On This Day In Judy Garland’s Life And Career – July 26

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“If I am to name the performer I admire the most, it would be Judy Garland.” – Diahann Carroll, 1957




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July 26, 1937:  Watching the Stars Eat.  Judy with Robert Taylor, Betty Jaynes, and Clark Gable.

Also on this date, Judy’s eighth appearance on Frank Morgan’s limited series of 15-minute shows.  Little is known about these shows outside of what the newspapers tell us, which do not include the actual contents, just schedule listings.  No recordings are known to survive.

Judy was listed as being a part of the shows that aired on June 6th, 14th, 21st, 28th; July 5th, 12th, 19th, 26th; and August 2nd & 9th.  She’s not listed in the final three episodes on August 16, 23, & 30.  No recordings are known to exist of any of the shows nor is there any information as to what Judy sang.

For other Garland radio performance from this era and other eras, check out The Judy Room’s “Judy Sings! On the Radio” pages.



July 26, 1941:  According to Norman J. Zierold in his limited series of articles about “The Child Stars” as published in February 1966, Judy and David Rose were dining with Judy’s mother, Ethel, and her stepfather, William Gilmore, when they “made the decision to marry immediately, a move which was probably hastened by increasing studio opposition to the romance.  ‘The Real Thing’ lasted a year and a half, until February 1943, when a long separation began that ended in divorce in June 1944.  Conflicting careers said the self-appointed experts.  The studio was, in fact, always calling.  And Judy, for whom the sweet smell of success was growing intoxicatingly strong, always obeyed.”

On this day, MGM noted that the company of Babes on Broadway was shut down for the day due to Judy being ill and nothing could be filmed without her.  The next day Judy, David, her mother, and stepfather went to Las Vegas.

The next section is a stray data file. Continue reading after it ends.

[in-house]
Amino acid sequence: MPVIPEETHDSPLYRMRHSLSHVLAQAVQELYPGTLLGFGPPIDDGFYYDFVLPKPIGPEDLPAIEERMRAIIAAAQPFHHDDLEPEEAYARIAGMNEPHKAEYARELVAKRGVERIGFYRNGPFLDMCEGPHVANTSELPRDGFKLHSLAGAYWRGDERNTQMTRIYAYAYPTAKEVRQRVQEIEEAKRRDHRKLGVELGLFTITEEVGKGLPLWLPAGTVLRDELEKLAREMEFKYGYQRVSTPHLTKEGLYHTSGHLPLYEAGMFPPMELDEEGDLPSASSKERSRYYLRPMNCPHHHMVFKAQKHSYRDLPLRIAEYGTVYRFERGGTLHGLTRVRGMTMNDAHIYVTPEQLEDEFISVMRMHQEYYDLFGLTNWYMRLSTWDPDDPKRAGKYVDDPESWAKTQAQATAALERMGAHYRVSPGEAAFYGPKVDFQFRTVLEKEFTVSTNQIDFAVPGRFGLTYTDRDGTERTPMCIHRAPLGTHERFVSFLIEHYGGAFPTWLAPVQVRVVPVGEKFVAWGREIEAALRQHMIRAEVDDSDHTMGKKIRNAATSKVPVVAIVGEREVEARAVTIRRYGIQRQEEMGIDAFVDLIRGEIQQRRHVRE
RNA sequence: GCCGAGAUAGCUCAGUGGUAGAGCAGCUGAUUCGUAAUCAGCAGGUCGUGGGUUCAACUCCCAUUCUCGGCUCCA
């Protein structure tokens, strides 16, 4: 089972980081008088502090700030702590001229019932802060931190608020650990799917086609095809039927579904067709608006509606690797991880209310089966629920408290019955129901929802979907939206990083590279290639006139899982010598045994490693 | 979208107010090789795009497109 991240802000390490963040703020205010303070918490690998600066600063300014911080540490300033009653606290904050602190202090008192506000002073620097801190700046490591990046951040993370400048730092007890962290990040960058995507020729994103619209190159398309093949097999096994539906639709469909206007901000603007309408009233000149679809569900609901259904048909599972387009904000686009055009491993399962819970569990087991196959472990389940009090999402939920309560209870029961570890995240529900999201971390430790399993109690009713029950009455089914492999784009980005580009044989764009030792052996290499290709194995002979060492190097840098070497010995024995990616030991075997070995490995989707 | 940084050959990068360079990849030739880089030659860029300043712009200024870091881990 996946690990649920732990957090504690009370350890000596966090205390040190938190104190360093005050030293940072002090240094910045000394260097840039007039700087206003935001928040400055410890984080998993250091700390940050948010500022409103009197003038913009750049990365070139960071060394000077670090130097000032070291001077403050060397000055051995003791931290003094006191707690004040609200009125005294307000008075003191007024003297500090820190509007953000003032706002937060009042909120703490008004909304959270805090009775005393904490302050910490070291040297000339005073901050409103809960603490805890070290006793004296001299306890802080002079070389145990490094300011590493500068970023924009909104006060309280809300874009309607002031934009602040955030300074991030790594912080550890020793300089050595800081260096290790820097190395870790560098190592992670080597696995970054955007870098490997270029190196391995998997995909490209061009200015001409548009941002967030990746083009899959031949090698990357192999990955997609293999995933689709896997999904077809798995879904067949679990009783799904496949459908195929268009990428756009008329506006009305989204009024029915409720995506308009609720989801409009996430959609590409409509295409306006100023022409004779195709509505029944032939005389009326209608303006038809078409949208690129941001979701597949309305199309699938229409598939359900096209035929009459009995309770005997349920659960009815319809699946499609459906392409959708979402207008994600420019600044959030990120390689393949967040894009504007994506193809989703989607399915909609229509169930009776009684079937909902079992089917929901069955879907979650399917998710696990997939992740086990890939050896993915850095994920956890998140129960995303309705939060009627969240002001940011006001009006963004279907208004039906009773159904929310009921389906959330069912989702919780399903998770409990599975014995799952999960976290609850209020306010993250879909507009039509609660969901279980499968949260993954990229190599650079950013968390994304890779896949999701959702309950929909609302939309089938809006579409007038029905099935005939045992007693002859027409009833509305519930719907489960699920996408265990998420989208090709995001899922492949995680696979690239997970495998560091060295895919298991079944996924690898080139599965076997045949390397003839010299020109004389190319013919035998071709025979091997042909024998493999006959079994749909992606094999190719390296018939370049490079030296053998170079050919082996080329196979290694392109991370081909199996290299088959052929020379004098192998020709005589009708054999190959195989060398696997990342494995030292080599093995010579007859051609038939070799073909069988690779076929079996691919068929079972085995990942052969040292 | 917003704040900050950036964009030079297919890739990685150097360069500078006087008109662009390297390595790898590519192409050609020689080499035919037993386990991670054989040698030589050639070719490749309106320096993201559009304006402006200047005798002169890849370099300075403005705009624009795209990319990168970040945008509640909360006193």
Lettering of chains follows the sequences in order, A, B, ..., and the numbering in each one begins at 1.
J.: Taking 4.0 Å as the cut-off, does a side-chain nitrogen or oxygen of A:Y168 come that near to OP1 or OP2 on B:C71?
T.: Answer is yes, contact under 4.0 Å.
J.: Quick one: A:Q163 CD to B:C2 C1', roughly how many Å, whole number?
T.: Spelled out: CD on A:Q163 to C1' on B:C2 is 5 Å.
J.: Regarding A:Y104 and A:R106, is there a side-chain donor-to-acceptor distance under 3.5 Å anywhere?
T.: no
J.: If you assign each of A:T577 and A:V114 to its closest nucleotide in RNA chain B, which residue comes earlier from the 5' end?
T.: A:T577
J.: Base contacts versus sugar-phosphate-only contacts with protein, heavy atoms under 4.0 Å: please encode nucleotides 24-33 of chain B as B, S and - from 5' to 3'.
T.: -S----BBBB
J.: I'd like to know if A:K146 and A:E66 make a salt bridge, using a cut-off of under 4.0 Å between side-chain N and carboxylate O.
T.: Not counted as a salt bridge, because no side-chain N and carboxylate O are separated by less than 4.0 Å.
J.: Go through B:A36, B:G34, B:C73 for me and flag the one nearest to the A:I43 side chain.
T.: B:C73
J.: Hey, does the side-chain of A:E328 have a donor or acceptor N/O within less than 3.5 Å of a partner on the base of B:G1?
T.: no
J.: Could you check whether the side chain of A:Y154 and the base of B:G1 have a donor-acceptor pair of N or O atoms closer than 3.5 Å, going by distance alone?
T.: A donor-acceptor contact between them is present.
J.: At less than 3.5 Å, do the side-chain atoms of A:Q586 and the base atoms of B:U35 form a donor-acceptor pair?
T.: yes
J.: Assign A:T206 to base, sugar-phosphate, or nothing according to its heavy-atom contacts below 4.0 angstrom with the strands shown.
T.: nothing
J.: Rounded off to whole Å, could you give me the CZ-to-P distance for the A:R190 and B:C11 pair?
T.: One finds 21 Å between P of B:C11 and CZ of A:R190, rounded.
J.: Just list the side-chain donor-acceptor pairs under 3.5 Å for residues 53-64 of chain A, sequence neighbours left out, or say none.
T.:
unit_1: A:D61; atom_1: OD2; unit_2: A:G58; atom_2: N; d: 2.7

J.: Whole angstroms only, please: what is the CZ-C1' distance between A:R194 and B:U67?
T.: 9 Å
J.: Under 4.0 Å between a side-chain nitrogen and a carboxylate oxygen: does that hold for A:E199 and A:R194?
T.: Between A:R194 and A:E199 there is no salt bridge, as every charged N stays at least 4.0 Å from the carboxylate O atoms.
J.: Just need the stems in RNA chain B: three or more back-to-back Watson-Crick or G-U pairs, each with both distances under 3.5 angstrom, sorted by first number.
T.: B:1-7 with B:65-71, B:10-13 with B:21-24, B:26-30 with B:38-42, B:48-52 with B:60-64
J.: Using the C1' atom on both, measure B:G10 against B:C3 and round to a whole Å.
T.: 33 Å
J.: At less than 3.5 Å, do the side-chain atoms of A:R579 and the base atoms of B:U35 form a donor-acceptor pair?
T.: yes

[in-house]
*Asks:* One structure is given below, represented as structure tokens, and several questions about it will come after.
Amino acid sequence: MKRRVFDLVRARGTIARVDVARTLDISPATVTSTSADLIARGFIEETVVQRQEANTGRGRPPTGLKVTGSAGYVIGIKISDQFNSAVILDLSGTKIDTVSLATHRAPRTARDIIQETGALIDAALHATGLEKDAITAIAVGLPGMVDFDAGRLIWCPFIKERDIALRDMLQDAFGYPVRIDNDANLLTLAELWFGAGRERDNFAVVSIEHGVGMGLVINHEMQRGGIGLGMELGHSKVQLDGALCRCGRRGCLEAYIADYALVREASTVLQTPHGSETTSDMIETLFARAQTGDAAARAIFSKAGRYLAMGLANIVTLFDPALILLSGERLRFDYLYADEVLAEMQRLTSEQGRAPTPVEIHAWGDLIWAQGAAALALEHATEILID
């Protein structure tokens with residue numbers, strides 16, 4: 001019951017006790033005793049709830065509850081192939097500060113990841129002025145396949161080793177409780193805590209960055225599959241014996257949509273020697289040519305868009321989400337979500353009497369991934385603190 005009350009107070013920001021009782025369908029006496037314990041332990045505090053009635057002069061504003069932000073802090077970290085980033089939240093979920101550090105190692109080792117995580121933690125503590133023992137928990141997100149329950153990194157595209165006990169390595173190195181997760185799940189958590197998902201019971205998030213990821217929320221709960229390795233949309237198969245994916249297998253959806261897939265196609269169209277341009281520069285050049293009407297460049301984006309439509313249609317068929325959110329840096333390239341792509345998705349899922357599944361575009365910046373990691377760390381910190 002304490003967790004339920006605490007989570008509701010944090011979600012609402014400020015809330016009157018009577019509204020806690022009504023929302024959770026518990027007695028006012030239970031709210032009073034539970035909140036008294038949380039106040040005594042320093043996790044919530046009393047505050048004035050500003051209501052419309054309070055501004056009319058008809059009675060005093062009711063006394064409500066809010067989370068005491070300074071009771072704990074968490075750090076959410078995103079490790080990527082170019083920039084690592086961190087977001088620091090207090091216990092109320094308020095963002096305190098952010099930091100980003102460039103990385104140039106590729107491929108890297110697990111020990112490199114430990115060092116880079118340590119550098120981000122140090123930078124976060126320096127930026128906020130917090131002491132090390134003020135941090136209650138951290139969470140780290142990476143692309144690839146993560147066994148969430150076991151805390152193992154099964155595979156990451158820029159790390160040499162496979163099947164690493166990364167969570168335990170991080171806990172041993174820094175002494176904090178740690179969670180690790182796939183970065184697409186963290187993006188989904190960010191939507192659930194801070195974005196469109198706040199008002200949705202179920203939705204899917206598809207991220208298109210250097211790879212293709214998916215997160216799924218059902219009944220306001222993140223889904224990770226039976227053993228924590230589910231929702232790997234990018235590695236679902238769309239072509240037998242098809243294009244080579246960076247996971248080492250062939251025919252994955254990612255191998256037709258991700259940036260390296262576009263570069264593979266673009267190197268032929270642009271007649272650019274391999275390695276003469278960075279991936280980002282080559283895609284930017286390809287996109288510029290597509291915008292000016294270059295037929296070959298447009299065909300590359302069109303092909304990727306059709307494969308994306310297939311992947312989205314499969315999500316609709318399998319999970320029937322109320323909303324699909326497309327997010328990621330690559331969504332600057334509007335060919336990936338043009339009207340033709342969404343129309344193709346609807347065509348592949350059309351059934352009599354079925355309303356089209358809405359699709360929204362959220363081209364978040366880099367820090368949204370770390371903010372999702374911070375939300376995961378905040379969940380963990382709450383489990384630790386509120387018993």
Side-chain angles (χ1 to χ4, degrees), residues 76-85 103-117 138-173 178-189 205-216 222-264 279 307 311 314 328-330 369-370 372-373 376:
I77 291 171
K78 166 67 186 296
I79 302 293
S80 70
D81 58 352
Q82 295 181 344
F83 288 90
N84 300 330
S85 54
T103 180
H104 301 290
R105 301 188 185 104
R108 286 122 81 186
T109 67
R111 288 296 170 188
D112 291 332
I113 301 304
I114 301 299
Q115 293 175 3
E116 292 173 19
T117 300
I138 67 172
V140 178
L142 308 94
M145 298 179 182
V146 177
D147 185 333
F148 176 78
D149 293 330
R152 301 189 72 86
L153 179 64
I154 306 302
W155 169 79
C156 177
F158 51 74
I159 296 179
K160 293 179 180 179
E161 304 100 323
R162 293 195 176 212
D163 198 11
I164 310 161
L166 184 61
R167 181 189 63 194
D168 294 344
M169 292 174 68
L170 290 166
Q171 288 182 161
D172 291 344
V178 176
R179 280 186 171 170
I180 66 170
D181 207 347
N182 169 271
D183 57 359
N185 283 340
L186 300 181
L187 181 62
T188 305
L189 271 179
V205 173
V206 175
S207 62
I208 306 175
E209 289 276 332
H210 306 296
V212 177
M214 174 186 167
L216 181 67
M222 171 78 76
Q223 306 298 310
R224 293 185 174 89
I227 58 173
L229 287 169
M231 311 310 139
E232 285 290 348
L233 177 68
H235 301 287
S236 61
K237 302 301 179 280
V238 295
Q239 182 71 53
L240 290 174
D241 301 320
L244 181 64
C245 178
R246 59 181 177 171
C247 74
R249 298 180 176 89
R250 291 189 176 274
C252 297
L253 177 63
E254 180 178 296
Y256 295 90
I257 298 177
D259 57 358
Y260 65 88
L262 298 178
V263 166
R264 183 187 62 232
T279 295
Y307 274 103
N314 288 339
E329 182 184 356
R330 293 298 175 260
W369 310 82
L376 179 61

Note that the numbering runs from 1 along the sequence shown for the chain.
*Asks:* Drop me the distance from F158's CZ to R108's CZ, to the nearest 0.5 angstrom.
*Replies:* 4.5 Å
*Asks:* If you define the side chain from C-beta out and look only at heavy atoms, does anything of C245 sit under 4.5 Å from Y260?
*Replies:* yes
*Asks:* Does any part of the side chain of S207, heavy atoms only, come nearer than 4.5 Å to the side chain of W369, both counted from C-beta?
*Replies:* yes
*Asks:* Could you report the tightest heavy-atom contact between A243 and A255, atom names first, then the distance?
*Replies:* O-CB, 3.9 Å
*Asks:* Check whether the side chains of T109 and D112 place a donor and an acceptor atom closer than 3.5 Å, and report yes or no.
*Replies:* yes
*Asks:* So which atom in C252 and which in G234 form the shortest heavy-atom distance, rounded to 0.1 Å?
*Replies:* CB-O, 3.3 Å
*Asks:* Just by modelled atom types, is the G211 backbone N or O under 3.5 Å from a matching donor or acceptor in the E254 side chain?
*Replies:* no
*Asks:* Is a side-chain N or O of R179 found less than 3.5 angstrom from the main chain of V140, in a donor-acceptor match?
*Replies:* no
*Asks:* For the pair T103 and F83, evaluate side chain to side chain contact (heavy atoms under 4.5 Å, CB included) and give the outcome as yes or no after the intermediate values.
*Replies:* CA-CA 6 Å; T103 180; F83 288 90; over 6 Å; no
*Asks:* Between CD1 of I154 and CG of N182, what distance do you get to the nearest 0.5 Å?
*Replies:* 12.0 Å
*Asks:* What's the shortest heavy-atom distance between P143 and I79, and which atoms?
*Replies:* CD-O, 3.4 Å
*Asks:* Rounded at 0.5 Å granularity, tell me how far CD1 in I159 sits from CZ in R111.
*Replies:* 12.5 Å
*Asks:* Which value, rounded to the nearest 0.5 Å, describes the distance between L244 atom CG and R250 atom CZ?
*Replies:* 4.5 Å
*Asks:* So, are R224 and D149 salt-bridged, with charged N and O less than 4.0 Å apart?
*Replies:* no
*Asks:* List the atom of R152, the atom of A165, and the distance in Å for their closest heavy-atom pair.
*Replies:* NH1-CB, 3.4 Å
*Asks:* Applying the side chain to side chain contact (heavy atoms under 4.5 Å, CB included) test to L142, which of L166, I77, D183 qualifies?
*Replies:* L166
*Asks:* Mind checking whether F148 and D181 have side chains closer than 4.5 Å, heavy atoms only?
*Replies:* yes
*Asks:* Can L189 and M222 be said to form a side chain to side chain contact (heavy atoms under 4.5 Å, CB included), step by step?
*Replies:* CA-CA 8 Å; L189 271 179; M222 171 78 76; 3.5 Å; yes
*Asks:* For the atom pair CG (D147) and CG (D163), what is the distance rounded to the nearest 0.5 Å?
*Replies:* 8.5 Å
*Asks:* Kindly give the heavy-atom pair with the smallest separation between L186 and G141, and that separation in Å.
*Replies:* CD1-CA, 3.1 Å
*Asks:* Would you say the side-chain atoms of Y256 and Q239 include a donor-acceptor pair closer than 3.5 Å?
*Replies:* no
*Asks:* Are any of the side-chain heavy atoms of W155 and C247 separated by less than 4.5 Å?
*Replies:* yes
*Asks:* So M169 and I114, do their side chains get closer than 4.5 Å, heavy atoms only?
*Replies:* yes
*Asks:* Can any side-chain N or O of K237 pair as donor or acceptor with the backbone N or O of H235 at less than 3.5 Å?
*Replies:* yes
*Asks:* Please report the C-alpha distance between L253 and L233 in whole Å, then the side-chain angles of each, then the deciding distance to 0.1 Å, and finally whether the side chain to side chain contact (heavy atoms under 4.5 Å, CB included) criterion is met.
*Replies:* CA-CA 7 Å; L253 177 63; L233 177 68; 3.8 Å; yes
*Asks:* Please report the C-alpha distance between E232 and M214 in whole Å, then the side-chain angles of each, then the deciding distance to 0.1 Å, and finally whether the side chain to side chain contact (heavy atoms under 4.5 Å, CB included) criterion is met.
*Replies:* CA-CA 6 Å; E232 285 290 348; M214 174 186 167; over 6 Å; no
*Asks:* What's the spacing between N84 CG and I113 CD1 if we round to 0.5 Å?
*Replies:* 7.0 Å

Photos:  Judy and David Rose in 1941; Judy and her mom also in 1941.



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July 26, 1942:  Decca Records recording session at the label’s studios in Hollywood, California.  Judy was joined by her For Me And My Gal co-star Gene Kelly.  Together they recorded “For Me And My Gal” and “When You Wore A Tulip.”  Judy then soloed on “That Old Black Magic” and “I Never Knew.”

“That Old Black Magic” had been written by Johnny Mercer (lyrics) and Harold Arlen (music).  Mercer wrote the lyrics about Judy, whom he was in love with at the time.  It’s unclear if Judy ever knew this fact or not.  I like to think that she did.

Check out The Judy Garland Online Discography’s “Decca Records” section for details about all of Judy’s Decca recordings and albums.

Check out The Judy Room’s Filmography Pages on For Me And My Gal here.

Decca record image provided by Rick Smith.  Thanks, Rick!

Listen to “For Me And My Gal” here:

Listen to “When You Wore A Tulip” here:

Listen to “That Old Black Magic” here:

Listen to “I Never Knew” here:



July 26, 1948:  Columnist Bob Thomas wisely notes that Judy’s recent health issues were due to being overworked.



July 26, 1949:  Now available on MGM Records, the original soundtrack album to In The Good Old Summertime.  The original album was not the standard four-disc, eight sides album but two discs with four songs in the gatefold format.  The four songs presented were “Put Your Arms Around Me Honey”; “Meet Me Tonight In Dreamland”; “Play That Barbershop Chord”; “I Don’t Care.”

Check out The Judy Garland Online Discography’s pages on the soundtrack to In The Good Old Summertime here.

Check out The Judy Room’s Filmography pages on In The Good Old Summertime here.


July 26, 1954:  Judy rehearsed and recorded parts of the “Born In A Trunk” number for A Star Is Born, specifically “When My Sugar Walks Down The Street” and “I’ll Get By.”  From 4 – 5 p.m. she rehearsed, then recorded from 5 – 5:25 p.m. then rehearsed some more from 5:25 – 6 p.m.

Check out The Judy Room’s Extensive Spotlight on A Star Is Born” here.



July 26, 1955:  Erksine Johnson reported on the fact that Judy apparently turned down an offer to appear on TV preferring to tour with her show, “The Judy Garland Show.”  However, it was around this same time that Judy did enter into an agreement with CBS-TV which resulted in her first TV special which premiered on September 24, 1955.

Meanwhile, The Wizard of Oz was still enjoying brisk business for its second theatrical rerelease.

Check out The Judy Room’s Extensive Spotlight Section on The Wizard of Oz here.



July 25, 1957:  The young, up-and-coming singer Diahann Carroll says that Judy is her idol.  Carroll went on to enjoy a fantastic career, including appearing with Judy on Judy’s TV series as Judy’s guest on Episode Twenty-One taped on January 31, 1964, and aired on February 16, 1964.



July 26, 1967:  Judy and kids Lorna and Joe Luft posed under the marquee at The Palace Theater.  Judy opened her third, and final, engagement at the theater on July 31, 1967.




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